Pekka Kuusisto Plays Mozart
When the principal second violinist of the Esterházy Orchestra, Johann Tost, made plans to start a music distribution enterprise in Paris, Haydn offered him two new symphonies plus a dozen string quartets to resell. Tost, alas, was a bit of a scoundrel; he tried to pass off a symphony by Adalbert Gyrowetz as a third work by Haydn, and he was later implicated in a scheme to pirate, behind the composer’s back, Haydn’s manuscripts held in the Esterházy collection.
The Symphony No. 88 exhibits grandeur and breadth to match the preceding “Paris” symphonies. As in most of Haydn’s late symphonies, a slow introduction sets the stage; here, the dotted rhythms (a short-long pattern) of the opening chords suggest the character of French overtures from an earlier era. In the Allegro body of the movement, the violins begin with a figure suggestive of hunting horns, establishing material that lends the movement an al fresco air.
The Largo second movement, constructed as a theme with variations, holds the biggest surprise of this symphony. The opening statement, featuring solo oboe and cello, establishes a chamber-music intimacy. Then, forty measures into the movement, a fortissimo entrance by the entire ensemble adds the piercing force of two trumpets and timpani, whose absence in the first movement makes this point of arrival all the more thrilling.
The Menuetto also holds back a surprise. To complement the boisterous dance music of the main section, the contrasting trio introduces a rustic, droning texture, which supports exotic melodies in unusual modes. Closing the symphony on a high note, the finale hardly ceases its bouncing eighth-note pulse, and even its minor-key episodes exude buoyant charm.
Aaron Grad ©2012
Admirers of Mozart’s serenades will find much to appreciate in his five violin concerti, which together mark the pinnacle of his music for violin. In the late eighteenth century, the serenade genre, rooted in the tradition of musical courtship (think of the lover, supported by his mandolin-strumming friends, singing beneath his beloved’s window), expanded to include more public celebrations: weddings, graduations, and the like. Per Mozart’s contemporary J.A.P. Schulz: “The title ‘serenade’ is also used for purely instrumental compositions, which, to honor or congratulate specific personages, are performed at dusk in front of their houses… The composer must strive to write simple, flowing melodies, set primarily to consonant rather than dissonant harmonies.”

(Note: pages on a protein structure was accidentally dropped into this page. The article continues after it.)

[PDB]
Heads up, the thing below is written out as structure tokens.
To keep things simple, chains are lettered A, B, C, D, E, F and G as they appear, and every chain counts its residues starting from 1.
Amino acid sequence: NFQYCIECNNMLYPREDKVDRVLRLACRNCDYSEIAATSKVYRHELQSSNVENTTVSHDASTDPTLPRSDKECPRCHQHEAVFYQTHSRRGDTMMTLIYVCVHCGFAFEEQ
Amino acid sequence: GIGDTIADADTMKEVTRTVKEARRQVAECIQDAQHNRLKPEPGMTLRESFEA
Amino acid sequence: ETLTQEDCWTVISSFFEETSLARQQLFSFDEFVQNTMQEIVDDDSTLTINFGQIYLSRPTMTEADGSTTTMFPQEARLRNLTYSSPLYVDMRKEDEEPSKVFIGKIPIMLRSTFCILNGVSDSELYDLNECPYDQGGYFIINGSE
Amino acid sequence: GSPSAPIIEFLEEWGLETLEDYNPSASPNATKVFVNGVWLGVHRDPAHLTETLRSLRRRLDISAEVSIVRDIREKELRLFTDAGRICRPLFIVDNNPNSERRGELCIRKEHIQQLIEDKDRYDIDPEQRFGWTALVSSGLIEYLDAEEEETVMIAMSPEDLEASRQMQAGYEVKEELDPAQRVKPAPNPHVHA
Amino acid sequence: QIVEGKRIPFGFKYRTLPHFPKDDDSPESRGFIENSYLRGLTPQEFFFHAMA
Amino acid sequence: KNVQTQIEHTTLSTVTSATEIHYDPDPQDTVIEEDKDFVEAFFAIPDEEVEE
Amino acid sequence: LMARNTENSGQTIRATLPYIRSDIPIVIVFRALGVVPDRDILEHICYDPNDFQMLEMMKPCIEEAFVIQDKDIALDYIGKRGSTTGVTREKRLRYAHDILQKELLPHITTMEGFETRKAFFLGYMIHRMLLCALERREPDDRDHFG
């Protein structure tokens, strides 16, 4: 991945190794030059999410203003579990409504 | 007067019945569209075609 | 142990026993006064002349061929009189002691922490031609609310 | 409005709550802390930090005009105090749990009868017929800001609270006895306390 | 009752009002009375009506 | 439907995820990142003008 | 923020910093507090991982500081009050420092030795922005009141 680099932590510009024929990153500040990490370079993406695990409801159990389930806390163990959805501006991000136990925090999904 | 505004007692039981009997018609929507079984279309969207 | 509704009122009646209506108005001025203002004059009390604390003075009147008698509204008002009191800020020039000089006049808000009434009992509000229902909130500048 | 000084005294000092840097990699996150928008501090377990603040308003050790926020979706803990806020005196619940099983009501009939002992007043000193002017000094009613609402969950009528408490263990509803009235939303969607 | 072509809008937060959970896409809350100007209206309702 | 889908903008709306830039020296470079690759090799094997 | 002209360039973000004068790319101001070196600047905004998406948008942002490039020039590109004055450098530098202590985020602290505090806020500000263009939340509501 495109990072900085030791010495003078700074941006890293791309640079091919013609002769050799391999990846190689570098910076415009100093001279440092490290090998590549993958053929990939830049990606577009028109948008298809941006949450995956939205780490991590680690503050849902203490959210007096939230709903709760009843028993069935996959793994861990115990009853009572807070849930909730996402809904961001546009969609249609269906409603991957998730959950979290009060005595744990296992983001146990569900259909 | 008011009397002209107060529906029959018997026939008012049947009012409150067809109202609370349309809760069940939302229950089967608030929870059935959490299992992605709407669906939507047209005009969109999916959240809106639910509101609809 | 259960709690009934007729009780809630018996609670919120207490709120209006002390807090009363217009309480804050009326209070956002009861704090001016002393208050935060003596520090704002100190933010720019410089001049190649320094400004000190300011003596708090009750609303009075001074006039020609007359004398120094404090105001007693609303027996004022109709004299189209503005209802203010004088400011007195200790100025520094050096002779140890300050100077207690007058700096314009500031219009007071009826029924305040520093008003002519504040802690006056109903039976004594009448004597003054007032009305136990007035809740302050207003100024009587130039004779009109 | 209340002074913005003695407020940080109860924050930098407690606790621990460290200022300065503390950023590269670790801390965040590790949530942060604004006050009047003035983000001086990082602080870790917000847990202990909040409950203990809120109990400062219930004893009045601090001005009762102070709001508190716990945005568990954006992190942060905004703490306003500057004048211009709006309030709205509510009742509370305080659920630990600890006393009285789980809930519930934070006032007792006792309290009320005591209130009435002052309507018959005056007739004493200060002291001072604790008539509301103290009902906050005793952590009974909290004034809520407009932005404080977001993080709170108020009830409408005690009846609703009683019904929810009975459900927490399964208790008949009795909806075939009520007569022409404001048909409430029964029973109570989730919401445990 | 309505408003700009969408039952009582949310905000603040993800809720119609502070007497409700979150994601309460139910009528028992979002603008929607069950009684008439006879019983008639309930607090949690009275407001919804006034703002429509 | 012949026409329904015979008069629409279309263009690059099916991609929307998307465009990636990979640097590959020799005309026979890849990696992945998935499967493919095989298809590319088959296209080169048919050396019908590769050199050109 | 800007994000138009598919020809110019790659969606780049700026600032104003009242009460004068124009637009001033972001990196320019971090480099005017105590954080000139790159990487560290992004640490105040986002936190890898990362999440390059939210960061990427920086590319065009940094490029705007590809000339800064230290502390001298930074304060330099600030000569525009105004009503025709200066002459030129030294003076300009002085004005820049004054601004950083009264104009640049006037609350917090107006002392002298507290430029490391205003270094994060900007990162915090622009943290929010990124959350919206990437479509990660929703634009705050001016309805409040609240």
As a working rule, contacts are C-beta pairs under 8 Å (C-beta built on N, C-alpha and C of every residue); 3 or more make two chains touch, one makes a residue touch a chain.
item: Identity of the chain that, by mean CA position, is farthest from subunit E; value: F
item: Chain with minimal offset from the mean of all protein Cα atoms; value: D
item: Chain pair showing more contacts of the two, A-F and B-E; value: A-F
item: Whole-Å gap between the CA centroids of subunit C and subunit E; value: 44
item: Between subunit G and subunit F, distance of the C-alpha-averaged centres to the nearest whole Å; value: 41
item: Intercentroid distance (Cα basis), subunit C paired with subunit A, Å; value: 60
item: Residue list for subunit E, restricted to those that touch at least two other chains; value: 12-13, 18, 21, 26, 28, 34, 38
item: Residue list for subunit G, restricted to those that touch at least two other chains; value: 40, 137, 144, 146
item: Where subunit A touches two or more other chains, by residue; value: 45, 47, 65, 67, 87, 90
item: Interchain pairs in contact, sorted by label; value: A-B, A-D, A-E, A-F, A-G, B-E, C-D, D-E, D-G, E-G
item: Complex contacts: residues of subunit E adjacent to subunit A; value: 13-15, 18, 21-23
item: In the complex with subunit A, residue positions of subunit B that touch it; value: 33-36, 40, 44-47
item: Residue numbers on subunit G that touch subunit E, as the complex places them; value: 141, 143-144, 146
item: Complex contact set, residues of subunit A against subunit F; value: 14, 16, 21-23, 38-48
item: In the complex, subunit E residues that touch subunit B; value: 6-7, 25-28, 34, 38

The violin concerti, all completed in the year before Mozart’s twentieth birthday, might be heard as an extension of the serenades that mark his early years in Salzburg (Eine kleine Nachtmusik, et al.). They are untroubled works, recalling the serenades in both their compositional style and idyllic character. Equally so, the serenades, a number of which feature virtuosic solo violin writing, foreshadow the concerti. Mozart biographer Maynard Solomon surmises that the third, fourth, and fifth concerti specifically “are the highest examples of his serenade style after it has been detached from the serenade proper and reconstituted within a separate genre.”
The Fourth Violin Concerto is set in D major: a logical choice of key for the glorification of the violin, as it capitalizes on the instrument’s natural resonance. The opening Allegro bespeaks an irrepressible joie de vivre immediately from its opening measures. The opening theme is as uncomplicatedly ebullient as a nursery rhyme: a martial succession of unison Ds and a giddy outline of a D major chord prepare the way for “simple, flowing melodies, set primarily to consonant rather than dissonant harmonies” indeed.
The Andante cantabile second movement responds to the gaiety of the Allegro with sublime beauty. Solomon describes this music as “inhabit[ing] a world of plenitude, [in which] beauty is everywhere for the taking. … [T]he beauties succeed each other with a breathtaking rapidity, their outpouring of episodic interpolations suggesting that we need not linger over any single moment of beauty, for beauty is abundant, it is to be found ‘here, too,’ and ‘there, as well.’” The concerto concludes with a playfully indecisive Rondeau: the meter vacillates between a graceful 2/4 and galloping 6/8 tempo, but the music’s prevailing lightness of spirit is assured.
Patrick Castillo ©2015